Let $H$ be a finite dimensional hilbert space. Let $L:H\otimes H\rightarrow H\otimes H$ be a unitary transformation. Then the equation $$(L\otimes I)(I\otimes L)(L\otimes I)=(I\otimes L)(L\otimes I)(I\otimes L)$$ where $I:H\rightarrow H$ is the identity mapping is known as the Yang-Baxter equation.

We shall call a linear transformation $L:H\otimes H\rightarrow H\otimes H$ a universal quantum gate if there is some $n$ such that the unitary transformations of the form $I^{\otimes i}\otimes L\otimes I^{\otimes (n-i-2)}$ along with the mappings $\lambda\cdot I^{\otimes n}$ where $|\lambda|=1$ generate a dense subgroup of the unitary group $U(2^{n})$.

Does there exist a universal quantum gate $L:H\otimes H\rightarrow H\otimes H$ which satisfies the Yang-Baxter equation? If so, then what is the least natural number $n$ so that there is a universal quantum gate $L:\mathbb{C}^{n}\otimes\mathbb{C}^{n}\rightarrow \mathbb{C}^{n}\otimes\mathbb{C}^{n}$ which satisfies the Yang-Baxter equation?


If $L$ is a quantum gate which satisfies the Yang-Baxter equation, then for all $n$, the function $\phi:B_{n}\rightarrow H^{\oplus n}$ defined by $\phi(\sigma_{i})=I^{\oplus(i-1)}\oplus L\oplus I^{\oplus(n-i-1)}$ is a group homomorphism where $B_{n}$ denotes the $n$-strand braid group.

If $L$ is also universal, then any quantum algorithm (called algorithm A) can be emulated by a unitary transformation $\phi(w)$ for some braid word $w$. However, if $\sigma_{i_{1}}^{e_{1}}...\sigma_{i_{n}}^{e_{n}}$ is one of the normal forms for the braid for $w$, then the sequence of quantum gates $(\phi(\sigma_{i_{1}})^{e_{1}},...,\phi(\sigma_{i_{n}})^{e_{n}})$ obfuscates the original quantum algorithm so that a person cannot figure out how algorithm A works simply by looking at the braid $\sigma_{i_{1}}^{e_{1}}...\sigma_{i_{n}}^{e_{n}}$.

The idea of using braid group representations to obfuscate quantum algorithms has been proposed in this recent paper where they have observed that the Fibonacci representation of braid groups could be used to obfuscate quantum algorithms. However, a universal unitary transformation that satisfies the Yang-Baxter transformation seems to be a more direct way of using braids to obfuscate quantum algorithms.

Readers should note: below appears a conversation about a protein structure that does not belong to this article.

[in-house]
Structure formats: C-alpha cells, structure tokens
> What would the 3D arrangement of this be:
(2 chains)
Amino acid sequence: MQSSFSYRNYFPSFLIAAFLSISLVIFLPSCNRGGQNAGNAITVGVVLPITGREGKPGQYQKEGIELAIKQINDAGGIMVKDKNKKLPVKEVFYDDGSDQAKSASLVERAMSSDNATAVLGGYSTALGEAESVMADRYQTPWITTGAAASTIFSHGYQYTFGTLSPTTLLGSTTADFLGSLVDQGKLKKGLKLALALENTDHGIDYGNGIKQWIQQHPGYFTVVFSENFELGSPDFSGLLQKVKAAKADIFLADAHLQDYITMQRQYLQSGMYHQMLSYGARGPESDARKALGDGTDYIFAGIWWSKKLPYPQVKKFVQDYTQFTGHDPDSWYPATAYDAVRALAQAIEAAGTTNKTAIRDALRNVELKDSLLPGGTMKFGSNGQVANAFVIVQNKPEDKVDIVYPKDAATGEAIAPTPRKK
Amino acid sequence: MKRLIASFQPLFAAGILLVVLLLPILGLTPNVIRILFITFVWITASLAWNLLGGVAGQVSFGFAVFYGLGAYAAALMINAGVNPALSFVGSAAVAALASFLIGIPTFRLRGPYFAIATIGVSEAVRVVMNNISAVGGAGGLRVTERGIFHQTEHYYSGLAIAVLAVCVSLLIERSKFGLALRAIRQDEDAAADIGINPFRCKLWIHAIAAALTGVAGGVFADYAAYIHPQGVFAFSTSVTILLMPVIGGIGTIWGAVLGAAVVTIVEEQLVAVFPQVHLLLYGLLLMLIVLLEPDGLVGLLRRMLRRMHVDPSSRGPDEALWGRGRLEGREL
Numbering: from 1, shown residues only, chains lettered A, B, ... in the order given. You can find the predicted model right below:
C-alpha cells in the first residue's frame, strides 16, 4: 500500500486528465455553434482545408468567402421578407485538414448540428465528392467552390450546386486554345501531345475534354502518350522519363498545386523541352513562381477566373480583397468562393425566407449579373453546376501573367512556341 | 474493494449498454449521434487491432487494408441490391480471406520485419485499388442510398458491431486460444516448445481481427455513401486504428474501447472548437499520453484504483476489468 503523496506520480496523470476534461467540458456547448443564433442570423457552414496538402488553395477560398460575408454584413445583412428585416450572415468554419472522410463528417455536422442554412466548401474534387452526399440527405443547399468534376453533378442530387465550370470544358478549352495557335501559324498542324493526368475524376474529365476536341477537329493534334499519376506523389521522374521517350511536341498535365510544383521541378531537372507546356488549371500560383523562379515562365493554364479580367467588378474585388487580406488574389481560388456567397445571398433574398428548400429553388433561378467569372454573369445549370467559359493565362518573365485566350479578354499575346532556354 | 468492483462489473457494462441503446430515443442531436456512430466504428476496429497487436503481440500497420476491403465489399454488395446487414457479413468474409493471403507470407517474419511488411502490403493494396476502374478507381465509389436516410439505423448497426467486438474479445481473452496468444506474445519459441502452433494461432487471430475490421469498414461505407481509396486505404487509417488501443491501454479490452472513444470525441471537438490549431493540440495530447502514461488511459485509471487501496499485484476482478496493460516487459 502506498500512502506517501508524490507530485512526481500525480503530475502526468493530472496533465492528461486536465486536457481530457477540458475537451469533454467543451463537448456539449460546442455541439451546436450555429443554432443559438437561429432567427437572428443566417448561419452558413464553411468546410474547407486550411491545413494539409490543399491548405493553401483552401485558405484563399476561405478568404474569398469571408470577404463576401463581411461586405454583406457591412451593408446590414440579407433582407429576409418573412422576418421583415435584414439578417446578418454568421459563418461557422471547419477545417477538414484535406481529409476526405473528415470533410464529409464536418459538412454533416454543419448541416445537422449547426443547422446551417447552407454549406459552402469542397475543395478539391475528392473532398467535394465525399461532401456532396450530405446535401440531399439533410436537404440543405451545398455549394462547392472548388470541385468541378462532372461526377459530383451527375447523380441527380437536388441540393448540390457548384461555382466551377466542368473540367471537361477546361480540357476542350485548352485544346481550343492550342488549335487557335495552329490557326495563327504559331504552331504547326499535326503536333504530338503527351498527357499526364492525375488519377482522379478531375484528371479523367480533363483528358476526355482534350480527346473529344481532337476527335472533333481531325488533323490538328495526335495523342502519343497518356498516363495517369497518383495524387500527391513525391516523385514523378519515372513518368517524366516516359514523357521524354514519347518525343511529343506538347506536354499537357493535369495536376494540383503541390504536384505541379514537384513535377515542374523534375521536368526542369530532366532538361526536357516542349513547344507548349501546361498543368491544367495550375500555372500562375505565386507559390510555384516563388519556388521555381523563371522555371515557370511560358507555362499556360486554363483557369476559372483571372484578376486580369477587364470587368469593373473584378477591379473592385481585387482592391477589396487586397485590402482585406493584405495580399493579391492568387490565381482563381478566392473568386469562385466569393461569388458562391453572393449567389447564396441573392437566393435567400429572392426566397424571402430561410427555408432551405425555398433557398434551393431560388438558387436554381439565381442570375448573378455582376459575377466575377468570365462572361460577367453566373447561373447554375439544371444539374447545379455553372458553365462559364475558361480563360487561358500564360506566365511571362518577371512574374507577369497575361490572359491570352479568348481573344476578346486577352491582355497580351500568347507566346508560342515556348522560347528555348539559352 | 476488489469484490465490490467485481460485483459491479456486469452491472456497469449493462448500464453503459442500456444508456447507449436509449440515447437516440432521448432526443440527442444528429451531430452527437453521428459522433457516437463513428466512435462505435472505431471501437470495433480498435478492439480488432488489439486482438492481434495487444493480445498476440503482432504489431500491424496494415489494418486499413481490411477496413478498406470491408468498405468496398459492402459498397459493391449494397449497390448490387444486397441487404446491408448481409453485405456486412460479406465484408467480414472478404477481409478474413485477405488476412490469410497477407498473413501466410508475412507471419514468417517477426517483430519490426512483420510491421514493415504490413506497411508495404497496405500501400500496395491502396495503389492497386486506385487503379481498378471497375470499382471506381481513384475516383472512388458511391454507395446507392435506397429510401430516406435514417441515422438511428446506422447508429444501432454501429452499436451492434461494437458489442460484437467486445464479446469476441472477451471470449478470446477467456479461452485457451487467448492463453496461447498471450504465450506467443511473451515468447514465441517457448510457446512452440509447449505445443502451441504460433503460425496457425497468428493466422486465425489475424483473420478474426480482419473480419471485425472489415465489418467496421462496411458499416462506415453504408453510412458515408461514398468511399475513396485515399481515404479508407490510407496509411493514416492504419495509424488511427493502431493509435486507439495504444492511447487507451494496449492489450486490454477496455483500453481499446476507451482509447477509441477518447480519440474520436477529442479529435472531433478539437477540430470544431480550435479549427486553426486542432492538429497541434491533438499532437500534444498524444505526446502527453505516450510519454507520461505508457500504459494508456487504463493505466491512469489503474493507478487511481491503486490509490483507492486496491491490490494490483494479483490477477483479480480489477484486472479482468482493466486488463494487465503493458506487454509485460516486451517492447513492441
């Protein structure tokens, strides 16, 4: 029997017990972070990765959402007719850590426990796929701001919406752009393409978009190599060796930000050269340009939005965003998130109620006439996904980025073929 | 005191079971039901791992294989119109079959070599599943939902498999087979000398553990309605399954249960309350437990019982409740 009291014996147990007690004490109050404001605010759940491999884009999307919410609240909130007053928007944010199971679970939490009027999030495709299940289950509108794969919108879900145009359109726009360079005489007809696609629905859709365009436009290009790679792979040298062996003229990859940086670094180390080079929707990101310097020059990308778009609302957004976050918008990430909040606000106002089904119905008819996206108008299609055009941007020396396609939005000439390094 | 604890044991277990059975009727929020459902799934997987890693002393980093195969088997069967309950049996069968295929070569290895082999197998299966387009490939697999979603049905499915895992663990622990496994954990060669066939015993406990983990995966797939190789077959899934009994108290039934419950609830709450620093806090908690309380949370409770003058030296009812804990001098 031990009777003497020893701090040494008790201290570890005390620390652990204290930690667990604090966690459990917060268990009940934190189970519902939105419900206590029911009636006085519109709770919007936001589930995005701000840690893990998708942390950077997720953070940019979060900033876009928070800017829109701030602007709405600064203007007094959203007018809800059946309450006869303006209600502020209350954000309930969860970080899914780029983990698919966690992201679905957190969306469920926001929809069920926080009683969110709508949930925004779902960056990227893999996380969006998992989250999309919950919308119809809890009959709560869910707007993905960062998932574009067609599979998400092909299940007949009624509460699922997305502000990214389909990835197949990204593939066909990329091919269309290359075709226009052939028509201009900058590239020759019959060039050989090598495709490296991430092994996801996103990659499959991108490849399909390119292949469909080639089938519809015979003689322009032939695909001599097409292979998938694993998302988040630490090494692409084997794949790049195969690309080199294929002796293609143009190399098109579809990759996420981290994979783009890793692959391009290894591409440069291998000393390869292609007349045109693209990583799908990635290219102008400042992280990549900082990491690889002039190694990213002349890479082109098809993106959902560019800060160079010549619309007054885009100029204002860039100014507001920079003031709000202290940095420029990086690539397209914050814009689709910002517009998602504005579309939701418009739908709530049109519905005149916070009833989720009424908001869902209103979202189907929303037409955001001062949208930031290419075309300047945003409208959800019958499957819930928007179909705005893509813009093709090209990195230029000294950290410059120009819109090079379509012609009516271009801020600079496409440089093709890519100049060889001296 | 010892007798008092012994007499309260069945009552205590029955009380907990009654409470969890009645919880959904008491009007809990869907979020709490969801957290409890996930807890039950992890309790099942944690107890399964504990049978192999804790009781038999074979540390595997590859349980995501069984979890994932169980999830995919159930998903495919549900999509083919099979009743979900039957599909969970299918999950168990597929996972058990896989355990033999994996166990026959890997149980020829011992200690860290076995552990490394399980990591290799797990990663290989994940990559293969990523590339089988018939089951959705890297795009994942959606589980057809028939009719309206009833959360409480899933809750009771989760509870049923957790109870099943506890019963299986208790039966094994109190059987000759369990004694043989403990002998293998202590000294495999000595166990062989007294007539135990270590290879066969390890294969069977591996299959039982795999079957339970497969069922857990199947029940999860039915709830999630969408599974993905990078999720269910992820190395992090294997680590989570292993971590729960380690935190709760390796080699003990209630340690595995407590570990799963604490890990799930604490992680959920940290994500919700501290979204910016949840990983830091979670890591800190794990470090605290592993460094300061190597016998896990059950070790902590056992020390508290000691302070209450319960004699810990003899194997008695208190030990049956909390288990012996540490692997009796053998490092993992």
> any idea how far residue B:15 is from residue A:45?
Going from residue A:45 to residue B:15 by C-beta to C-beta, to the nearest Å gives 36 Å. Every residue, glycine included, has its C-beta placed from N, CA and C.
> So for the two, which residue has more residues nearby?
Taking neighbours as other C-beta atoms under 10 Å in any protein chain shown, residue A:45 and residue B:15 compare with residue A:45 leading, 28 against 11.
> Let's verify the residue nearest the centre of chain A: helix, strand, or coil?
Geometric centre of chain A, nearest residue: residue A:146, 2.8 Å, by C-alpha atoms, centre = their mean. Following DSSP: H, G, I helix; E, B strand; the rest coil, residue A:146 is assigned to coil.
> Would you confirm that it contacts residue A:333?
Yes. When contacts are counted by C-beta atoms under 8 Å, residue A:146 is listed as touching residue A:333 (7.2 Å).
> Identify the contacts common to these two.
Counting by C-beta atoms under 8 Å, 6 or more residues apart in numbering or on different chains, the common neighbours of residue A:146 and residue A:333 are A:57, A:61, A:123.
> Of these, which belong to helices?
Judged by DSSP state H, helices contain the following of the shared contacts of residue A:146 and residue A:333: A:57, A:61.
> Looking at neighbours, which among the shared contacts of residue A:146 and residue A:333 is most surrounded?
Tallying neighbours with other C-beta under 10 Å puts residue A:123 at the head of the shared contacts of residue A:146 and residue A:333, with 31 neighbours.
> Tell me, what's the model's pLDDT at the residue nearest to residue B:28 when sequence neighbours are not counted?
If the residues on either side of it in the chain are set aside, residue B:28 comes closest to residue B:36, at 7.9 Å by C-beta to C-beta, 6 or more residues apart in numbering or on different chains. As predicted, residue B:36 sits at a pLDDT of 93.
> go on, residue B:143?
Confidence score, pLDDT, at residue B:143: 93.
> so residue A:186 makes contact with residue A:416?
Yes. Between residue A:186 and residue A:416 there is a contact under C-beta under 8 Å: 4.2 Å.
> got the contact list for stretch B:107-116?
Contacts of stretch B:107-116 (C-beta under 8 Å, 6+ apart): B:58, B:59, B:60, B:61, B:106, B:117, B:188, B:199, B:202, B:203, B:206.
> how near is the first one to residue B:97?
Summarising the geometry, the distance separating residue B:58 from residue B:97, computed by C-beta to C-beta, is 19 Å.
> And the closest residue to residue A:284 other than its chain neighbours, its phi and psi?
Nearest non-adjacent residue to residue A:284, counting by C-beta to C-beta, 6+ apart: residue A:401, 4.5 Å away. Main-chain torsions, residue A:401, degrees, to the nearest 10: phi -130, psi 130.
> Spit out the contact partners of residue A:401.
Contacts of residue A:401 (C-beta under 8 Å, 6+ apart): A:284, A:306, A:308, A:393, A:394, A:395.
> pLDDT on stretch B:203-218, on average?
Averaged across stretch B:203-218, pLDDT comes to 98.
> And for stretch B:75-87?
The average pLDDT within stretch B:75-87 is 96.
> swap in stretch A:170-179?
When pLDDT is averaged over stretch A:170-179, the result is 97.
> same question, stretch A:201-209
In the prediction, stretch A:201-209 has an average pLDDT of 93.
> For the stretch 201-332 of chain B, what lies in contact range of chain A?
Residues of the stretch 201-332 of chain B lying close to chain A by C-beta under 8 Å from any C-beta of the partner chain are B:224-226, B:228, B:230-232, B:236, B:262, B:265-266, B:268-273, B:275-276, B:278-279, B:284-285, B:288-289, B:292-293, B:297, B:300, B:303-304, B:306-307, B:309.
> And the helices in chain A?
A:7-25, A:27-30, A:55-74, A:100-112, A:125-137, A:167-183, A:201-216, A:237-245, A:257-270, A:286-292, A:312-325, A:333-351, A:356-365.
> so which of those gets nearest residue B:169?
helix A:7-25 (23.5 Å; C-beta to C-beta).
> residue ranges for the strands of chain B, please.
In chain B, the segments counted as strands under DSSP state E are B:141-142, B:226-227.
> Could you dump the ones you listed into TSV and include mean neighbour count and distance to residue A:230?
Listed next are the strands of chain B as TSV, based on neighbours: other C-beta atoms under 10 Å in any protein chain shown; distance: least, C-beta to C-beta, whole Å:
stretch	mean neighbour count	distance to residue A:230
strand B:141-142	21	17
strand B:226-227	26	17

• $\begingroup$ Carlo Beenakker's references show that there is most likely no universal Yang-Baxter unitary operator in the qubit case when $H$ is a 2-dimensional complex Hilbert space. It is unknown whether a universal Yang-Baxter unitary operator exists on a higher dimensional Hilbert space. $\endgroup$ Jun 30, 2016 at 8:01

1 Answer 1


Braiding Operators are Universal Quantum Gates, by Louis Kauffman and Samuel Lomonaco (2004)

In this paper, we prove that certain solutions to the Yang-Baxter equation together with local unitary two-dimensional operators form a universal set of quantum gates. In particular, we show that a single specific solution of the Yang-Baxter Equation, the Bell basis change matrix, is a universal gate.

If we wish to do away with the local unitaries, and only use unitary solutions of the Yang-Baxter equation, then universal quantum computation is not known to be possible, because a classical simulation is available, see Classical simulation of Yang-Baxter gates (2004).

  • $\begingroup$ In that paper, they show that the local unitary operators (all one qubit operators) along with the Yang-Baxter unitary operator give you universal quantum computation (the one qubit maps get in the way of obfuscating quantum algorithms). I am wondering if we can get universal quantum computation using the Yang-Baxter unitary operator alone. $\endgroup$ Jun 28, 2016 at 10:09
  • $\begingroup$ that is not known to be possible. $\endgroup$ Jun 28, 2016 at 11:03

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